Buckets of fun
Like many Nintendo peripheral devices, the Super NES Mouse never really caught on in the U.S. If its unpopularity wasn't the only reason why Mario & Wario was never released in the states, it was definitely a major factor. Regardless, the mouse is the perfect tool for this unique action/puzzle game.
Here's the deal. You pick your character at the beginning, choosing from Princess (slow), Mario (medium), or Yoshi (fast). As your character is walking along, Wario flies by in his plane and drops a "hat" on your character's head, rendering them blind! For some reason, the only person who can take it off is Luigi, who paces back and forth at the goal. Of course, the path to Luigi is never a safe one, and that's where you come in. Your mouse pointer is "Wanda," a fairy who flies around the screen as you move the mouse, and swings her wand when you click the mouse button. Since your temporarily-blinded character constantly walks in the direction he or she is facing, Wanda serves as a "Seeing Eye fairy" for your character, using her wand to create or destroy blocks, smash enemies, and snuff out fireballs. Though your characer will do an about-face when he or she runs into a wall or block, Wanda can also turn your character around by knocking him or her on the noggin. The levels are filled with spring boards, automatic ladders, spikes, and various enemies, and on top of all that, each level gives you about 2½ minutes to find Luigi. Luckily, Wanda never gets hurt, but, your character will lose a life after one hit. If you successfully beat an entire world, you'll be treated to a bonus round where you can earn extra points for hitting Wario as he flies back and forth across the screen for a short time.
You'll encounter about six different blocks during the game. The most basic block is the "diamond block," which always starts out as a dotted square that your character can walk through. Hitting it with your wand makes it solid, and safe for walking on. Hitting it again will turn it back to a dotted square. The trickier "clock blocks" will be solid for about three seconds, giving your character something to stand on momentarily. There are a few other blocks, but the only ones that cannot re-solidify are "rock blocks," which get smashed to bits with one hit. And of course, there are invisible blocks. These are similar to the "diamond blocks," but they don't have a dotted outline when they aren't solid, and you'll usually find them by accident.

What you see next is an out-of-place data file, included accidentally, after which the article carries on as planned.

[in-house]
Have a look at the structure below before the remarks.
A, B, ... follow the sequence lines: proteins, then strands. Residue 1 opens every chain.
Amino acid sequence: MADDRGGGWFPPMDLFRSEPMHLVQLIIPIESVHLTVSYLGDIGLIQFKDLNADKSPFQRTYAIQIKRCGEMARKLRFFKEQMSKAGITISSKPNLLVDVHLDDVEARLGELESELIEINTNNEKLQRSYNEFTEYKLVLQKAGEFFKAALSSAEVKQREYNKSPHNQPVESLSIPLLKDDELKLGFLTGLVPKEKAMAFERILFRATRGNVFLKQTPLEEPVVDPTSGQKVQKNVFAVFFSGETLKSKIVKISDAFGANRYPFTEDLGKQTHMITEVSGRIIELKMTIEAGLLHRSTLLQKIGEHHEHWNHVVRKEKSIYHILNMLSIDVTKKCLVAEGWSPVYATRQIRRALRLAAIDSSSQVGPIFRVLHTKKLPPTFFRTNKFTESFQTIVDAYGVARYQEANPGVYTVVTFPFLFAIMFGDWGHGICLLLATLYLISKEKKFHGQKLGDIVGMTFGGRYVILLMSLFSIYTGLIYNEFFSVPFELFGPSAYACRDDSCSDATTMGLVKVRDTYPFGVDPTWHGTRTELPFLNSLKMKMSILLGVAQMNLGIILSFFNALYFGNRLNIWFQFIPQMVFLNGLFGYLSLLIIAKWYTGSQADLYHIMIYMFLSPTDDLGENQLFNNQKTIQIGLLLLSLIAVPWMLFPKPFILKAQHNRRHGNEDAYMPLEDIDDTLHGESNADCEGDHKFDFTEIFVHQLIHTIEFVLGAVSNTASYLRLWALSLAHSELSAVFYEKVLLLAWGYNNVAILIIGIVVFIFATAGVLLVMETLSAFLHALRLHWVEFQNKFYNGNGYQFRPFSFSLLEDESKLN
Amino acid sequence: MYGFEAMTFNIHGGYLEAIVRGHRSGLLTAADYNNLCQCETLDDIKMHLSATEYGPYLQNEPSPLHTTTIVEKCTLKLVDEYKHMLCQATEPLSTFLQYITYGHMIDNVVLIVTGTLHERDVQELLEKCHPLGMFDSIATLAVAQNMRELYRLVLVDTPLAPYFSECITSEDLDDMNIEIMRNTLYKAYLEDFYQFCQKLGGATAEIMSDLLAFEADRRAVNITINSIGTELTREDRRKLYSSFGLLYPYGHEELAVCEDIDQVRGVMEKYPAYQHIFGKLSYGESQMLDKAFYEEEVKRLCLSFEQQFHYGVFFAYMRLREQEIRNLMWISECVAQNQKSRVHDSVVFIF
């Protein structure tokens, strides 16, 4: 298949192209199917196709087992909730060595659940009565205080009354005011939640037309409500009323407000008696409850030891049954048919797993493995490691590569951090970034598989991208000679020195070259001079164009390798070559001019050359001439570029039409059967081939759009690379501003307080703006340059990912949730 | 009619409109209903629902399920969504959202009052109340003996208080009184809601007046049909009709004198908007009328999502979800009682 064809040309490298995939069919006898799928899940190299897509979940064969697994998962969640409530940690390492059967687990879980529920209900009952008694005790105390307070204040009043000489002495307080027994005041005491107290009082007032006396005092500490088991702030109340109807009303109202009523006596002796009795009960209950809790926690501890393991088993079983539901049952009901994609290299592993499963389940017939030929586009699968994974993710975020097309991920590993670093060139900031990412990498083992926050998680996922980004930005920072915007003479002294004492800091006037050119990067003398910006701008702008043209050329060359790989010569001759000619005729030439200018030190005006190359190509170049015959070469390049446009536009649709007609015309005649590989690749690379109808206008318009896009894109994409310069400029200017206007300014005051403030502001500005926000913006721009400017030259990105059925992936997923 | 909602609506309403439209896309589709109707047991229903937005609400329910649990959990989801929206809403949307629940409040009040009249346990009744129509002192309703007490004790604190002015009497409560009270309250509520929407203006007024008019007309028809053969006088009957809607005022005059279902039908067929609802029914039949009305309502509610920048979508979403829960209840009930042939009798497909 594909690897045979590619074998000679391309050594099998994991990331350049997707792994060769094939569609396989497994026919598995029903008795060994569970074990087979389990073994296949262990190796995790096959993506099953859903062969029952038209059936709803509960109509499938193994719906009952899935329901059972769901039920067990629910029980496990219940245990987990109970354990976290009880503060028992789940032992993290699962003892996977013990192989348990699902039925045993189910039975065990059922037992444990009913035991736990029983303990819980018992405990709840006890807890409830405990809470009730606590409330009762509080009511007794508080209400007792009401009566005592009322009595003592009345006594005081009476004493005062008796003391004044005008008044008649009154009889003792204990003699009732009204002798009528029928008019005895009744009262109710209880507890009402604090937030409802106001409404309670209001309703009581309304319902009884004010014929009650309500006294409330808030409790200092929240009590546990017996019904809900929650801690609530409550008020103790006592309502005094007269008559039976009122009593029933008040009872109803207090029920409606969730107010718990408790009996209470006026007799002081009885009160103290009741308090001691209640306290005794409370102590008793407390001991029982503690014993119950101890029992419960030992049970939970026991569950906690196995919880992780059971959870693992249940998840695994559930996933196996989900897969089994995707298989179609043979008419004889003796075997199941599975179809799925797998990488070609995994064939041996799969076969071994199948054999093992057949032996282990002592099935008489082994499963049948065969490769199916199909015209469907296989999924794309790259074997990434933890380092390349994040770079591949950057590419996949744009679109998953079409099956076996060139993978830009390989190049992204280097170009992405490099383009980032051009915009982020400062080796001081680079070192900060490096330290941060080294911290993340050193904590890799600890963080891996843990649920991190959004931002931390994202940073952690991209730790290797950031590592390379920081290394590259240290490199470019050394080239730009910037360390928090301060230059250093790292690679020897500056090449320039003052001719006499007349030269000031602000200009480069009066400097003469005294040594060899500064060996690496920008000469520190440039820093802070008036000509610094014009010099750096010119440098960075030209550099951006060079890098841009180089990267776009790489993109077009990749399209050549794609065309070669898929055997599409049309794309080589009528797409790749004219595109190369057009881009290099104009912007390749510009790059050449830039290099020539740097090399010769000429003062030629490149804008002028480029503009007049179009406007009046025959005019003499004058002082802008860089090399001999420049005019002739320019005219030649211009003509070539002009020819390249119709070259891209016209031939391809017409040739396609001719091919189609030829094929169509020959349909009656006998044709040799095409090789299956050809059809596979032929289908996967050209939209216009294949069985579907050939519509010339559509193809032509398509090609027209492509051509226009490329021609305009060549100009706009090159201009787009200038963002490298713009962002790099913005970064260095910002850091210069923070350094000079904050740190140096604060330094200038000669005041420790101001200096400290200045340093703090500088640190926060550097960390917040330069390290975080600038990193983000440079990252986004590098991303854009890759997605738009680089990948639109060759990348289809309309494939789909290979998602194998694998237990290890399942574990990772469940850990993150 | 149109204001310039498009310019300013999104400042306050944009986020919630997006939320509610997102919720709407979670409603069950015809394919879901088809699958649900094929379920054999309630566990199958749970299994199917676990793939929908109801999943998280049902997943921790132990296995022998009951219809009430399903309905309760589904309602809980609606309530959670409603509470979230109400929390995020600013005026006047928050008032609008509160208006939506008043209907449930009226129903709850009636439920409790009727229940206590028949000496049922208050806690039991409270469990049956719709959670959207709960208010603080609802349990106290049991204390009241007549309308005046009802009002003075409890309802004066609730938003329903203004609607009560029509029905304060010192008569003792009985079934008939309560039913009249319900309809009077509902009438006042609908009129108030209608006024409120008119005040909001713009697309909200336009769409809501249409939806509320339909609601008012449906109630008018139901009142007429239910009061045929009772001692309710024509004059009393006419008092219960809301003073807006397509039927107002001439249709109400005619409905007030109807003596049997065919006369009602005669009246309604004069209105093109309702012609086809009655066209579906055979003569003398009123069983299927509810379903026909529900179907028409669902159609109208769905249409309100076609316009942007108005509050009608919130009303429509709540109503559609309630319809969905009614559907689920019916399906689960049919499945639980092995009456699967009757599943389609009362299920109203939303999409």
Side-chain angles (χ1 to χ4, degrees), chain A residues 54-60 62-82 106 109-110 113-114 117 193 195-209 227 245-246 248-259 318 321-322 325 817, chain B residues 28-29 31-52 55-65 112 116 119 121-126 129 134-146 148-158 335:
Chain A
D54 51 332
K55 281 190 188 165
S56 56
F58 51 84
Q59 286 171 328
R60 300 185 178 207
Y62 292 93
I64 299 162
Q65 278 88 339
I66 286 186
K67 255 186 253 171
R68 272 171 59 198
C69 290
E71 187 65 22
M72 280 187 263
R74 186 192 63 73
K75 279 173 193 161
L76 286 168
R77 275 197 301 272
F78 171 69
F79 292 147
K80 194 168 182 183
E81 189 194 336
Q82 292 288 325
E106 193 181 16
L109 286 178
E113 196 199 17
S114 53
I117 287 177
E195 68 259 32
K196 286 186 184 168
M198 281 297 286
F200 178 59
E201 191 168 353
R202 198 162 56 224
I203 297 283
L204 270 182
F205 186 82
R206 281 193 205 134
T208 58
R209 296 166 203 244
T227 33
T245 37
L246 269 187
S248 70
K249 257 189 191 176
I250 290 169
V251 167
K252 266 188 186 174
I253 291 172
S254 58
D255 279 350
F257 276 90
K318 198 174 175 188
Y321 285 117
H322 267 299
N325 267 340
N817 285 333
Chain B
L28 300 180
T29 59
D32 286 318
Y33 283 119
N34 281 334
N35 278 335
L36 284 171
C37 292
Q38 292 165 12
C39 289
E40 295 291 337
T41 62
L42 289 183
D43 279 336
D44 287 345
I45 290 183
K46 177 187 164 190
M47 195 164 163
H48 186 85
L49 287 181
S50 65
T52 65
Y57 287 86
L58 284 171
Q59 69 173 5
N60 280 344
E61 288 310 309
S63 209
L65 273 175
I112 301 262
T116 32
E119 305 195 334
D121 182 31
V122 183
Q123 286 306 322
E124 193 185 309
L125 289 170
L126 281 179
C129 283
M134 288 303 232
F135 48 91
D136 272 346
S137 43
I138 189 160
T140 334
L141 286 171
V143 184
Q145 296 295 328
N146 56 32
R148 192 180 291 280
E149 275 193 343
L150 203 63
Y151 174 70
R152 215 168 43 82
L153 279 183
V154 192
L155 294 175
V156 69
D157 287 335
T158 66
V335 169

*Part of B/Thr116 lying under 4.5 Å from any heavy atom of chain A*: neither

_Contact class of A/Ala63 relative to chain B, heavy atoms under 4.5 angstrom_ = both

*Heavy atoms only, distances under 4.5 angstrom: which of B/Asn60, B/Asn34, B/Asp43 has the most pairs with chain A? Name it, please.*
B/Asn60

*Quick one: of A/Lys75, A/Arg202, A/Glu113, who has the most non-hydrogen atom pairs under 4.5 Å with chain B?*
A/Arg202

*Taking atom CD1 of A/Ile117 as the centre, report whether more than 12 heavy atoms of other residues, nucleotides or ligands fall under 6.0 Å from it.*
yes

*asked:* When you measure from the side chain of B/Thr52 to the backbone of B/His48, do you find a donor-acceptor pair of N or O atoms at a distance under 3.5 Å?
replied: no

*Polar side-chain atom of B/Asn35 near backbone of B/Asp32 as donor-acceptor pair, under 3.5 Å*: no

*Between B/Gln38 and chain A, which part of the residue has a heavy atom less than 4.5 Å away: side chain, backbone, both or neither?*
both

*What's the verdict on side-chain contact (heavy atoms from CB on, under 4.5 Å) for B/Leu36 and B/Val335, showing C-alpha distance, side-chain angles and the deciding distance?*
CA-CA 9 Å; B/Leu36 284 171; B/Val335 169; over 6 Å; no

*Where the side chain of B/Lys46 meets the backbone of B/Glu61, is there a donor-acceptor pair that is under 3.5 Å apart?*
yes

What Mario game wouldn't be complete without items? Mario & Wario has only four, but that's about all that's necessary. Coins are found in "coin blocks;" Wanda can collect a maximum of ten Coins from each "coin block," depending on how fast you smack it with your mouse button. Collecting 100 Coins will give you an extra life each time. The Mushroom refills about 30 seconds on your timer, and the rarer 1-Up Mushroom gives you an extra life. The last item, Stars, come as a set of four in every level starting in World 2-1. Collect one and it's worth 200 points, two, 400 points, and three, 800 points. If you collect all four, you'll get an extra life. (For an even greater challenge, try getting all four Stars in each level!) For more points, kill all the enemies you see, and find Luigi as fast as you can, because you'll also get points for any time remaining on the timer. This is why your character selection is important; if you want to be safe and choose the slow Princess, you might run out of time before reaching Luigi in the bigger levels. If you pick the fast Yoshi, you won't burn off as much time, but there's a greater chance that he'll fall into a bed of spikes if you mess up.
The first thing I noticed about this game was the different character design. The whole game feels more cartoony than Super Mario World, but the characters and enemies look great, with excellent animation to boot. No complaints here. Unfortunately, the backgrounds are a bit washed-out and dull, featuring only a couple familiar characters from Super Mario World.
The background music is your usual up-beat Mario music. The themes for the title screen and World 1 are less than outstanding, but the music gets better as you get into higher worlds. Music composer Junichi Masuda's best piece is World 5's theme, a song with Arabian-esque riffs trickling through a thick layer of percussion. Another nice song is the theme for the submerged World 6. With its soothing ascending/descending melody and bubbling effects, you'll feel as if you're really underwater. As for the game's sound effects, they are even better. Everything from the smash of the "rock blocks" to Pidgit's screeching death-cry are well done. Even the different hats for each world have a slightly different sound effect when Wanda wacks them with her wand.
It seems like every puzzle game has a multi-player mode... except Mario & Wario. Although, I couldn't really imagine what it would be like, since you would have one controller and one mouse plugged in. Still, at least something would be better than nothing.
Overall, Mario & Wario is another great Mario game, blemished only by its lack of multi-player mode and battery save, which might translate into a lower replay value for most players. However, its 100+ levels will keep you busy for a long time. The bottom line is, if you get a chance to play M&W, don't pass it up.
Pros & cons
Review by Deezer, 08/14/99